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Japan: Doing business and staying in touch

Doing Business in Japan

Manners are very important for business negotiations in Japan. While you'll be forgiven for not getting everything right, you'll be expected to wear a smart suit, exchange business cards using both hands with everyone you meet, shake hands or bow to business associates, and to be polite and punctual.

A large supply of business cards printed in English and Japanese is essential. Cards should have Japanese translation on the reverse side. Appointments should be made in advance and business discussions are formal. Silence is appreciated, as it shows active listening and reflection.

It is usual to refer to colleagues by their surnames, and hierarchies should be respected. Business negotiations may require patience as directness is disliked; thus straight 'yes' or 'no' answers are generally avoided. However, this depends on the region where you are doing business – in Osaka, for example, being more direct may be accepted in some instances. Impatience is frowned upon, and confrontation is out of the question, as it is considered a sign of gross weakness. Apologies and thanks are very important and should not be rushed.

Corporate entertainment usually takes place in restaurants and izakaya (drinking halls similar to pubs). Drinking (beer, whisky and sake) is very much part of the culture, as is smoking. Gifts, especially those from your home country, are very important (they need not be particularly large or lavish) and are exchanged with great ceremony.

You'll often need to remove your shoes indoors: look out for lines of shoes or slippers for clues. Avoid putting your foot on the ground while changing from your shoes to any slippers provided. Make sure that you are wearing clean socks.

Office Hours

Mon-Fri 0900-1700. Some offices are open Sat 0900-1200.

Economy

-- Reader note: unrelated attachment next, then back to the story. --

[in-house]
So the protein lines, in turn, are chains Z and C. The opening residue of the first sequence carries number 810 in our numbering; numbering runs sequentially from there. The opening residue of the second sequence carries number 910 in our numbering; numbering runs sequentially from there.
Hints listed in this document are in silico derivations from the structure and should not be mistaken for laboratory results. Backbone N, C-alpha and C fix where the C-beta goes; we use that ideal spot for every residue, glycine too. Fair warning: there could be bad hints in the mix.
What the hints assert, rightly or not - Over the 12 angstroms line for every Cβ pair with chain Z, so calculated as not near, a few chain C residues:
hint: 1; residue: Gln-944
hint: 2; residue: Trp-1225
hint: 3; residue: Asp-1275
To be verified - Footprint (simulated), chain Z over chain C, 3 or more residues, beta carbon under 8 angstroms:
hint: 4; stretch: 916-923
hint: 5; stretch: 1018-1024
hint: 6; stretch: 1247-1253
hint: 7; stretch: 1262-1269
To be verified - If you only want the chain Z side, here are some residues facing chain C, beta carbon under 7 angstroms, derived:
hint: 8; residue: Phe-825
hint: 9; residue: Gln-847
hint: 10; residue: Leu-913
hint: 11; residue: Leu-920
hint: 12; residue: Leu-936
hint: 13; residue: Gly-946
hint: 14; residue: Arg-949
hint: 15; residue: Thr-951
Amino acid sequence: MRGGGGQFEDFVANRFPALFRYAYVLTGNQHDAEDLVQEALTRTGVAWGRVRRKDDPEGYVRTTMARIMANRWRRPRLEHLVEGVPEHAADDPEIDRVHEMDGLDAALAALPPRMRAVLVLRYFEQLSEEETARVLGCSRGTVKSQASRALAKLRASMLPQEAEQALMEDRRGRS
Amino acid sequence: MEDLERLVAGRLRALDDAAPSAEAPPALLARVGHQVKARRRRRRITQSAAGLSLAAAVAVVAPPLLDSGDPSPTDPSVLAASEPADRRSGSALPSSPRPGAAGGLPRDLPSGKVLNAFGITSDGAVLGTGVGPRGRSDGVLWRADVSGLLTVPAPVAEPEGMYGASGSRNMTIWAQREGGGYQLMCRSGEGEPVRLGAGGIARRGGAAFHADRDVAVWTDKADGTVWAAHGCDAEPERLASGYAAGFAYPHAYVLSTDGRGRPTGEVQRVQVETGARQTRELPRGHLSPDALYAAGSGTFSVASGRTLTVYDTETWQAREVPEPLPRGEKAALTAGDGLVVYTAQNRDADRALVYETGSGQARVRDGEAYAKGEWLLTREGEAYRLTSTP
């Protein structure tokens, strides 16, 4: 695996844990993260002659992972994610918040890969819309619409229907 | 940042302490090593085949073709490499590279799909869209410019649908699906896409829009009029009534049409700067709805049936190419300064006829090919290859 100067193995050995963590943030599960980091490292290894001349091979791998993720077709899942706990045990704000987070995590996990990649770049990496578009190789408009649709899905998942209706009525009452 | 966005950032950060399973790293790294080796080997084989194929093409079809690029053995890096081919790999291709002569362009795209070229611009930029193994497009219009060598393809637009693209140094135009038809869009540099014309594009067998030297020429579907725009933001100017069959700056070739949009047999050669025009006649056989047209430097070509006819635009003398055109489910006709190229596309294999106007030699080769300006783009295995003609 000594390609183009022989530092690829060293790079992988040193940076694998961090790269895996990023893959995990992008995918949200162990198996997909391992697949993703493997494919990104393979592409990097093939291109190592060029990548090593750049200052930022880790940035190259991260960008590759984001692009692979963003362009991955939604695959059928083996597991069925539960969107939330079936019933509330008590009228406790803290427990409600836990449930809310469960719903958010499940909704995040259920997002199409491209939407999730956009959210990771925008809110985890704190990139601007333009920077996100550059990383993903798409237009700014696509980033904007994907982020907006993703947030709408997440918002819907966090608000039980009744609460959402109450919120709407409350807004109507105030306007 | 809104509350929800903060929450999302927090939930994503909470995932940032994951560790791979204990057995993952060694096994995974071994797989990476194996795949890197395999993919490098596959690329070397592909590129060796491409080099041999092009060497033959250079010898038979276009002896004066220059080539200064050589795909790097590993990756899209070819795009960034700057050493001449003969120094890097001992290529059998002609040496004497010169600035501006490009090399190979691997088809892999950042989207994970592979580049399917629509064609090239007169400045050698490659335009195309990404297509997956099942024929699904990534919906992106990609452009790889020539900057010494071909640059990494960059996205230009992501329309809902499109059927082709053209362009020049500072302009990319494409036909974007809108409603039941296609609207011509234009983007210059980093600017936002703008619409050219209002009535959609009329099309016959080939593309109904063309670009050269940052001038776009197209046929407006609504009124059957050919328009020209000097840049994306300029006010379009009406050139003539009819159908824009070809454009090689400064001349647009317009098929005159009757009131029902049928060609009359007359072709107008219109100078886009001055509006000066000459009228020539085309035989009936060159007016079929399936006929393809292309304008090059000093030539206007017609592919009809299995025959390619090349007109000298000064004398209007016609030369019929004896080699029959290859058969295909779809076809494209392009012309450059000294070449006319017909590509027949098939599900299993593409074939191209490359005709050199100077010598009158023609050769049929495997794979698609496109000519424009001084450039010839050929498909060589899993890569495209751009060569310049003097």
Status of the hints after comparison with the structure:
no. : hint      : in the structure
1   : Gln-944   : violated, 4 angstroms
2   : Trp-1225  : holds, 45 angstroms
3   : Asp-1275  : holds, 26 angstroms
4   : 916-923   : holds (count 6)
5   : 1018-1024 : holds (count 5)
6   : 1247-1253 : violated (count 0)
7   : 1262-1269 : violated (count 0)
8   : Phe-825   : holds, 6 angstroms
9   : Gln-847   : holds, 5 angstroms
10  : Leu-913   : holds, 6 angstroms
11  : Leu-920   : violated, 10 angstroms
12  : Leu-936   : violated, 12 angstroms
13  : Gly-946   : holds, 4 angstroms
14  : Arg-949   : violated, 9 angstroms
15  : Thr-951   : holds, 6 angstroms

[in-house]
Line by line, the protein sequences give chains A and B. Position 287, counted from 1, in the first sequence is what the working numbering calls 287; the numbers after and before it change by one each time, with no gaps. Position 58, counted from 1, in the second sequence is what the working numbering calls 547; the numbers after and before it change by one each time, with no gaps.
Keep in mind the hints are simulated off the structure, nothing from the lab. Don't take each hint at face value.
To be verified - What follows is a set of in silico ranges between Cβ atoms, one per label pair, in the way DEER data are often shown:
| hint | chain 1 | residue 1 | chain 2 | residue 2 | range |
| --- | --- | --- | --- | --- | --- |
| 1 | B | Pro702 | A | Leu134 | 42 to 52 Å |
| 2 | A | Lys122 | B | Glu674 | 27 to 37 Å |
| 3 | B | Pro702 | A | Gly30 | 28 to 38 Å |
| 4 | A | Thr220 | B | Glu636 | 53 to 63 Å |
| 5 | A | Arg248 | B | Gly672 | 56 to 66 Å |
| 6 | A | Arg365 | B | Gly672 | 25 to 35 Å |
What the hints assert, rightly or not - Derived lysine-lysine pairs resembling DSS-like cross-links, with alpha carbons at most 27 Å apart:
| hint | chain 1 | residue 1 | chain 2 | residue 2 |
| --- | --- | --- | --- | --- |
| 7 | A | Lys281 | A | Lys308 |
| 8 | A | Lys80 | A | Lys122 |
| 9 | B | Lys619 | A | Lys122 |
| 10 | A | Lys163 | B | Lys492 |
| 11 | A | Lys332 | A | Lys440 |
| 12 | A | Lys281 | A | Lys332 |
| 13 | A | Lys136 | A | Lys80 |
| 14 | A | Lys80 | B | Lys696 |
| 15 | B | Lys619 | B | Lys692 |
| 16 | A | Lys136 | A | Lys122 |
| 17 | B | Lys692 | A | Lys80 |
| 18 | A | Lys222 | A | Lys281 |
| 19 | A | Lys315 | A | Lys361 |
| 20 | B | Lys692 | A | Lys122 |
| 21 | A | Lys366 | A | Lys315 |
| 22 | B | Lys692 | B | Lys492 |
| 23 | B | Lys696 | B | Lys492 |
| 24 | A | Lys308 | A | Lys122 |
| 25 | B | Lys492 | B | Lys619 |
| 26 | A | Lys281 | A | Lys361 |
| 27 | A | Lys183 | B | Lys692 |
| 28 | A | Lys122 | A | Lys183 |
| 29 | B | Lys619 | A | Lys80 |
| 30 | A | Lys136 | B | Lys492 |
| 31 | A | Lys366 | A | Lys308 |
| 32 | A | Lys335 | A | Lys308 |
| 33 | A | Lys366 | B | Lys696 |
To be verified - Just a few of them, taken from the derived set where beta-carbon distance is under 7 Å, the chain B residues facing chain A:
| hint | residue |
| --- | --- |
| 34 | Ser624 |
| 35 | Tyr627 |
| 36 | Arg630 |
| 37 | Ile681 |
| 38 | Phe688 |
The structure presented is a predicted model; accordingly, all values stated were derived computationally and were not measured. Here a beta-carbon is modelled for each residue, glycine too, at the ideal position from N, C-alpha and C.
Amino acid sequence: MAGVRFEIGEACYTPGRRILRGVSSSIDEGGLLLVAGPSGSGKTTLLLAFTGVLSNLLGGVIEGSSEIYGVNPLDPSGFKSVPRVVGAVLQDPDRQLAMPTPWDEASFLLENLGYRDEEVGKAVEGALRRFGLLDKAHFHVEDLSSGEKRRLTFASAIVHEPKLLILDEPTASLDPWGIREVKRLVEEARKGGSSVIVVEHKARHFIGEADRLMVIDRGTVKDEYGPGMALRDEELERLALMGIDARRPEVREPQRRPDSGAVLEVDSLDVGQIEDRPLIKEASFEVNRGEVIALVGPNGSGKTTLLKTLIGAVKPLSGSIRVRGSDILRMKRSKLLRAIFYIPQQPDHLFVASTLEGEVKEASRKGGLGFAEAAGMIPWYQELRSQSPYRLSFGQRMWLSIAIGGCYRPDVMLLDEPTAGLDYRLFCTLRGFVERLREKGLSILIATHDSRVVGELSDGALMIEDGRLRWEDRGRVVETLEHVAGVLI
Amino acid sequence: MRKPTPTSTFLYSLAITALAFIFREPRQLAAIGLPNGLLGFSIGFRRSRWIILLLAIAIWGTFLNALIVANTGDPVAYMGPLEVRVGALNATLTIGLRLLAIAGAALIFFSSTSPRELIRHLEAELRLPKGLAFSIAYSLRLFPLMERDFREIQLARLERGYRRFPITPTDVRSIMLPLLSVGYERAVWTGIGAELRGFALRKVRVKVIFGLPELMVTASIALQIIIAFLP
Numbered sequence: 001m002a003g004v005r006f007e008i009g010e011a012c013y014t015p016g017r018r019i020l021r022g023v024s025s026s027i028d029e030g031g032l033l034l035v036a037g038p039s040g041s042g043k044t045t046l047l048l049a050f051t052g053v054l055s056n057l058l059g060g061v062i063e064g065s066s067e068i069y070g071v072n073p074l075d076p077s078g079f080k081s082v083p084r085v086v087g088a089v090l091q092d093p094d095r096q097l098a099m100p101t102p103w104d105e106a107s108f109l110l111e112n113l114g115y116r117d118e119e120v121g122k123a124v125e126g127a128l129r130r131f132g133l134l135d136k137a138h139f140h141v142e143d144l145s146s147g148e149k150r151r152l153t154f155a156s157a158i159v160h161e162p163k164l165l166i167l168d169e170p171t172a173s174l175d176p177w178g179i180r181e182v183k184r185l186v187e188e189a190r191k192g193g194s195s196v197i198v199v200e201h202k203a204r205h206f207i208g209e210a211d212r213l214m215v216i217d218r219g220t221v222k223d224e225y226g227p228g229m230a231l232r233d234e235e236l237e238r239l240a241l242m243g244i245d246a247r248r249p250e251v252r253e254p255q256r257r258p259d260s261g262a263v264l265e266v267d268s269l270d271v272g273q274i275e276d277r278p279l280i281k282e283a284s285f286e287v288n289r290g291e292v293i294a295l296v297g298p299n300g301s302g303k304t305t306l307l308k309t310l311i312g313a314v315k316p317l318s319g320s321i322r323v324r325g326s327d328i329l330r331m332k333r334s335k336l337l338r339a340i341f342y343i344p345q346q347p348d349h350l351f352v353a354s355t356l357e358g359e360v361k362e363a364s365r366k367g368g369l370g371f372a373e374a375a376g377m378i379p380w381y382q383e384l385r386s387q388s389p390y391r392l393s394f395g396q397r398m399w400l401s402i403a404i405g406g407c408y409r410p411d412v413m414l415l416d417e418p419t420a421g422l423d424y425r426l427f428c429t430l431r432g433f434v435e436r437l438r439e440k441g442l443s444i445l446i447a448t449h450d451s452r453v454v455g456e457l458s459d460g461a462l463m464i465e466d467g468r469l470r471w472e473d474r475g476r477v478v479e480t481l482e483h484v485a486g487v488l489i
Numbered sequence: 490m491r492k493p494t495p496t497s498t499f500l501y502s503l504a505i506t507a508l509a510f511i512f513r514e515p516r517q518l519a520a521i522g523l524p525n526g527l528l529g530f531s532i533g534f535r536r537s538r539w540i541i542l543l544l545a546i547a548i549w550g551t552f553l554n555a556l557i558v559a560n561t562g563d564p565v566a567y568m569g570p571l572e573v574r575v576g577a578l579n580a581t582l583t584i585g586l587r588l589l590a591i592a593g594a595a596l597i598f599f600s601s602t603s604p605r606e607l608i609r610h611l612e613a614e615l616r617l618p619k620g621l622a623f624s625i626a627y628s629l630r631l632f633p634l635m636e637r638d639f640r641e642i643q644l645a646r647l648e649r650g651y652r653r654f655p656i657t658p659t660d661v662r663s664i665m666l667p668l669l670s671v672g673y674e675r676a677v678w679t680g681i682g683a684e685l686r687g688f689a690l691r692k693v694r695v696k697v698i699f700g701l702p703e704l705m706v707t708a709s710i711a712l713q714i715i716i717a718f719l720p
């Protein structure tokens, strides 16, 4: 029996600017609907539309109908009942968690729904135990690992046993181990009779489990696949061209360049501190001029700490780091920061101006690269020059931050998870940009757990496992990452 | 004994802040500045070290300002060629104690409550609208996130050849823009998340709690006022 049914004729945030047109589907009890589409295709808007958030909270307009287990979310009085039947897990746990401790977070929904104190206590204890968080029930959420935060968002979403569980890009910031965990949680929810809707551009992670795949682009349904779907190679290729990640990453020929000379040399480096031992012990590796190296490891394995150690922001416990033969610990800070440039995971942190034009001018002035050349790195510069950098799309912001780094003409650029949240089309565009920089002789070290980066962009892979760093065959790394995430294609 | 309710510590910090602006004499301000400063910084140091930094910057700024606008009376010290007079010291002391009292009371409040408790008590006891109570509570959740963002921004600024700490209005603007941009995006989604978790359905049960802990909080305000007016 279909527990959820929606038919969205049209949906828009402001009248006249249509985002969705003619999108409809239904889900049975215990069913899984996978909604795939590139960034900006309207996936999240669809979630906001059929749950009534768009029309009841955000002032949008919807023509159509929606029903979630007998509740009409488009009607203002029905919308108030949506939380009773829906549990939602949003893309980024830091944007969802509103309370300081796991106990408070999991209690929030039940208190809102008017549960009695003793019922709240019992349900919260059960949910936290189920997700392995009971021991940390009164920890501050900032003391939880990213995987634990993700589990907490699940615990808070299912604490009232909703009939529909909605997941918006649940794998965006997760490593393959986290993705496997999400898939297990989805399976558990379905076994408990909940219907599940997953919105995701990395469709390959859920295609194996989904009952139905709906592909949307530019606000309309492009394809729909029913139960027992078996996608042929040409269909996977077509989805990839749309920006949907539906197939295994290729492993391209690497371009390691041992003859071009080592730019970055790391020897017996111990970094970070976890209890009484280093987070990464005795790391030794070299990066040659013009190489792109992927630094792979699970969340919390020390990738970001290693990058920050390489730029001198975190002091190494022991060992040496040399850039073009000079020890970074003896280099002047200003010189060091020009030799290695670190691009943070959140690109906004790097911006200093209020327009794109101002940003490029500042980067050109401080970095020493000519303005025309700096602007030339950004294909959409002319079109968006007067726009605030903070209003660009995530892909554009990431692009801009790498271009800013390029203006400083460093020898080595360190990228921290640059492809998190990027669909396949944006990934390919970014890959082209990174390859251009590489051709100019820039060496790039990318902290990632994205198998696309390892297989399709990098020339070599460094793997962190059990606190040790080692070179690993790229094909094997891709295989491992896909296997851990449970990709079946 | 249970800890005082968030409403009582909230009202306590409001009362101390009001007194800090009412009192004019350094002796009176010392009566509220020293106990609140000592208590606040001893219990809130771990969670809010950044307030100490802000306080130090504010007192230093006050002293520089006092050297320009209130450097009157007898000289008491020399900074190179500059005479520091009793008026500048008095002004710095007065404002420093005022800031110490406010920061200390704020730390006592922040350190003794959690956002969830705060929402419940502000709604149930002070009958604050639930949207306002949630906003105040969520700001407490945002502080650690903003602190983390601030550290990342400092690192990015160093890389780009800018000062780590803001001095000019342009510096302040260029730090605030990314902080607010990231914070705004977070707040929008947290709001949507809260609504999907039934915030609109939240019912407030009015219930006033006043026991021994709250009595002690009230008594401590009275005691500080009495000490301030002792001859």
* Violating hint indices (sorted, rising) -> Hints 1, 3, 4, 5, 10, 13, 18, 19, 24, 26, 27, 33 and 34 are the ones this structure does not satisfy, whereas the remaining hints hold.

After suffering massive destruction during WW2, Japan rebuilt itself and became an economic powerhouse in the late 20th century. The structure of the Japanese domestic economy revolves around a group of large multi-product corporations (many of which are global household names), linked in loose alliances with banks and finance houses.

The model worked superbly until the early 1990s when competition from abroad and excessive lending by the banks began to exert pressure. The extent of the problem became apparent with the 1991 property crash and, more spectacularly, the 1997 Asian financial crisis. In the years that followed, the economy stagnated.

Since 2013, Japan has enjoyed increased prosperity under Prime Minister Shinzo Abe, whose economic policies (nicknamed Abenomics) revolve around flexible fiscal policy, loose monetary policy and various structural reforms. However, Japan's sizable public debt continues to threaten its domestic reforms and growth potential.

GDP

US$5.08 trillion (2019).

Main exports

Cars, machinery, computers, electronic devices, metals and chemicals.

Main imports

Raw materials, machinery, broadcasting equipment, fuel, medicaments, textiles and medical instruments.

Main trading partners

China, USA, South Korea, Hong Kong, Australia and Saudi Arabia.

Keeping in Touch in Japan

Telephone

Credit cards can be used directly in some phone boxes, although public phones are becoming increasingly difficult to find and are most likely to be located near train stations. They are green and grey and accept coins and magnetic prepaid cards, available from convenience stores and vending machines.

Mobile Phone

Most modern phone handsets will work in Japan, but roaming charges can be steep - check with your service provider as some will offer reasonable data packages to cover your stay. If you have a smartphone, you may choose to avoid roaming charges by using Wi-Fi only. Visitors can also hire handsets at the airport from companies such as NTT DoCoMo (www.nttdocomo.co.jp), and Softbank (www.softbank-rental.jp).

Internet

Wi-Fi is widely available throughout Japan and is free in many hotels and cafés, while major cities and airports also provide hotspots.

Media

Japan's national public broadcaster NHK (www.nhk.or.jp) operates several TV and radio channels, including Radio Japan and the global English language news channel NHK World. There are five commercial broadcasting networks. The press in Japan is free to criticise the government, although freelance journalists find access to information difficult.

There are a few English-language daily newspapers published in Japan, including The Asahi Shimbun (www.asahi.com), Japan Times (www.japantimes.co.jp) and Japan Today (japantoday.com) .

Post Office hours

Mon-Fri 0900-1700 (1900 at bigger branches). Some main post offices are open 0900-1700 on Saturdays; 0900-1230 on Sundays. Some branches have an after-hours service window.

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